1. GuardianWynn
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    GuardianWynn Contributing Member Contributor

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    Pratical safety measures

    Discussion in 'General Writing' started by GuardianWynn, Dec 31, 2014.

    Now that I am writing more serious, and actually hitting the point of asking for beta readers. What are real standard safe ways to ensure your writing isn't stolen?

    I want to make it clear too. To me its always been about the story, while granted I would be sad if I didn't get my name on something. All the same if it was released as I intended I would be happy.

    So, I read that the safest thing to do is to enter people into a writing contract. But is that too extreme of a request from beta readers?
    How does a contract work?
    Can it be done on line?
    What makes you go "I trust this person" over "I getting it in writing"?

    Edit: DAMN! I hate when I see typos after I post it..... now I am sad. lol

    Is it pratically to get a patent? Can I get a patent?

    What do you do? and why? (That moment I have to admit, I don't even know all the questons to ask. lol )

    Thank you
     
  2. stevesh
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    stevesh Banned Contributor

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    My advice: don't worry about it. I doubt if a beta reader (who is really doing you a favor) would sign any sort of agreement, anyway. Your work is copyrighted the minute you create it. If you want to go after someone legally for 'stealing' your product, you need to register the work with the copyright office.

    I would be thrilled if someone showed an interest in appropriating my stuff - it would show that someone other than me thought it had value.

    Best option, if you're still concerned, would be to not show it to anyone until you submit it for publication. Beta readers can be useful, I guess, but they aren't a necessity.
     
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  3. GuardianWynn
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    GuardianWynn Contributing Member Contributor

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    Normally I don't worry. That is why I asked though.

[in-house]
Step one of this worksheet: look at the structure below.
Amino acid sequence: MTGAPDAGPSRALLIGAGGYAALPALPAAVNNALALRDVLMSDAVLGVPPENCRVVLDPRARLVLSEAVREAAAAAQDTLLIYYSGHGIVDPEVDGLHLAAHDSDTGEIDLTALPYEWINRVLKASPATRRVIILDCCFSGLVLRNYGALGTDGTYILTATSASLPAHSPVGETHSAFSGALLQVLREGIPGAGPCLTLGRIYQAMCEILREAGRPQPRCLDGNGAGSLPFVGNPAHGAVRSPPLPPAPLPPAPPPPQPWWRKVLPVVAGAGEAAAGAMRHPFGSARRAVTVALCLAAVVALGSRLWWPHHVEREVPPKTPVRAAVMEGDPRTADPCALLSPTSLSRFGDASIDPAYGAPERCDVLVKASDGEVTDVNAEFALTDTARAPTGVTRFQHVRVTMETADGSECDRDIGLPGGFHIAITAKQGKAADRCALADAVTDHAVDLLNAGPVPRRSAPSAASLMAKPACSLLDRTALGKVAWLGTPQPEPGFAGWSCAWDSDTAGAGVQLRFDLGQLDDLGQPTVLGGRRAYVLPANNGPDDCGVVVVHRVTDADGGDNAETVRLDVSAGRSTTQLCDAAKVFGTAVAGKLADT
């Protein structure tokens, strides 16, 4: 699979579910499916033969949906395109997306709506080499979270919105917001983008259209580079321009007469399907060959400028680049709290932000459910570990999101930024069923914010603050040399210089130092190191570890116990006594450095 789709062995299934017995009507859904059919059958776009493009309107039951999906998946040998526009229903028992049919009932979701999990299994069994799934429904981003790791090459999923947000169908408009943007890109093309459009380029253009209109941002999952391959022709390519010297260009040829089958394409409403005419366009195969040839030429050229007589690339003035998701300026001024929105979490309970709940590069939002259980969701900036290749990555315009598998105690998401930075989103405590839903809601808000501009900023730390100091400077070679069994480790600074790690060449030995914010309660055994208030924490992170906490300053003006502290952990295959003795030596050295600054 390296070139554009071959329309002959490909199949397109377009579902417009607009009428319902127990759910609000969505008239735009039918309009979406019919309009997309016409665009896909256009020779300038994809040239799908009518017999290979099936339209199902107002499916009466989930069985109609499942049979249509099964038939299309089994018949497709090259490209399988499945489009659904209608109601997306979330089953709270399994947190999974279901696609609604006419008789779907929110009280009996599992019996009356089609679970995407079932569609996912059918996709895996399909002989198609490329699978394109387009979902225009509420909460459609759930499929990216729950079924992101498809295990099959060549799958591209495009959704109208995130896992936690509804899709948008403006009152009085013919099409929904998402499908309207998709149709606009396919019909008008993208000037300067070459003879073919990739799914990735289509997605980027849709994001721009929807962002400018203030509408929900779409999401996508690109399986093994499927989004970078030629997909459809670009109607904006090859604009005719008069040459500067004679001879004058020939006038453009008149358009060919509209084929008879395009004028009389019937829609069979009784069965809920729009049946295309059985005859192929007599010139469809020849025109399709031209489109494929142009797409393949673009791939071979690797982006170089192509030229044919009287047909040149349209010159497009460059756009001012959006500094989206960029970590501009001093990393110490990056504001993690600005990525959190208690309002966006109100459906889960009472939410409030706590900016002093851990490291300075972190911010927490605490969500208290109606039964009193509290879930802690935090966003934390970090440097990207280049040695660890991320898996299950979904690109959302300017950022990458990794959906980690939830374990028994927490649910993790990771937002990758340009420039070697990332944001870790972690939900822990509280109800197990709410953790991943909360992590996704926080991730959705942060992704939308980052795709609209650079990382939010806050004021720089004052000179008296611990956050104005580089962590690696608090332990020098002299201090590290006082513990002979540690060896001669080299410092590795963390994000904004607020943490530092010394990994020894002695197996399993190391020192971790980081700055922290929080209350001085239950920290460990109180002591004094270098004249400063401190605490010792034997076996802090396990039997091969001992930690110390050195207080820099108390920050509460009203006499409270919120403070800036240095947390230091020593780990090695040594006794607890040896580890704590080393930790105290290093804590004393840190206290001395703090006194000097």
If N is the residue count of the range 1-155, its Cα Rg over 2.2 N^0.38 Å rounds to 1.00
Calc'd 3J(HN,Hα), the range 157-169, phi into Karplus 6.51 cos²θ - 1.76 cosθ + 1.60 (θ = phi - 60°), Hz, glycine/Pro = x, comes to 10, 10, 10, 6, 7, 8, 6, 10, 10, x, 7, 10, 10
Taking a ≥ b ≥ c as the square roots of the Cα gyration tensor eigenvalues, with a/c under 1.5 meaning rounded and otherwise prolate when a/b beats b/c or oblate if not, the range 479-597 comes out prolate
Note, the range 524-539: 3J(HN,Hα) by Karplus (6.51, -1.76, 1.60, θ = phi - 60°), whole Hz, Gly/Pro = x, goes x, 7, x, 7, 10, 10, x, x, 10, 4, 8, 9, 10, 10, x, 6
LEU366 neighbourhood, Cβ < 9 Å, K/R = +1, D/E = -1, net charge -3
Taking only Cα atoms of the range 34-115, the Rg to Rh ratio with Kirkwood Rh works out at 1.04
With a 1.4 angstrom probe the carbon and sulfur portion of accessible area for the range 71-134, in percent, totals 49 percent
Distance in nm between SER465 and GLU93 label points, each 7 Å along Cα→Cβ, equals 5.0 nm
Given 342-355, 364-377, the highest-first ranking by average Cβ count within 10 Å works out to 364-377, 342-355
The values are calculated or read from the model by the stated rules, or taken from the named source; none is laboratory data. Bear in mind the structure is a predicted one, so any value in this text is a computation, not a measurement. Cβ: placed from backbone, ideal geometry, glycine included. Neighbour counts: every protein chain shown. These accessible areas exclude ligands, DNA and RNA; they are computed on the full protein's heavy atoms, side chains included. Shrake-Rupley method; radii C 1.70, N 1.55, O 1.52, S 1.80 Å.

I figured before I became one of I dunno how many that made a stupid mistake for not asking, that I would, well ask. lol.

    Thanks for the advice
     
  4. BayView
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    BayView Contributing Member Contributor

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    I've never heard of a single case of a beta stealing someone's work, and if someone was inclined to do so, I don't really see how a contract would be a deterrent - they're obviously not too concerned about following the law, right?
     
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  5. GuardianWynn
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    GuardianWynn Contributing Member Contributor

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    Fair enough. I wasn't sure if it was like a standard thing you guys do and I was the noob who didn't. Live and learn right?

    Thanks for the feedback
     
  6. Steerpike
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    Steerpike Felis amatus Supporter Contributor

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    Typically, this isn't an issue. Use beta readers you trust if you are concerned about it. You can't get a patent on a story. You already have the copyright as a result of having created the work. You could register the copyright if you wish - it doesn't cost much. If you go with a traditional publisher, they'll do that later.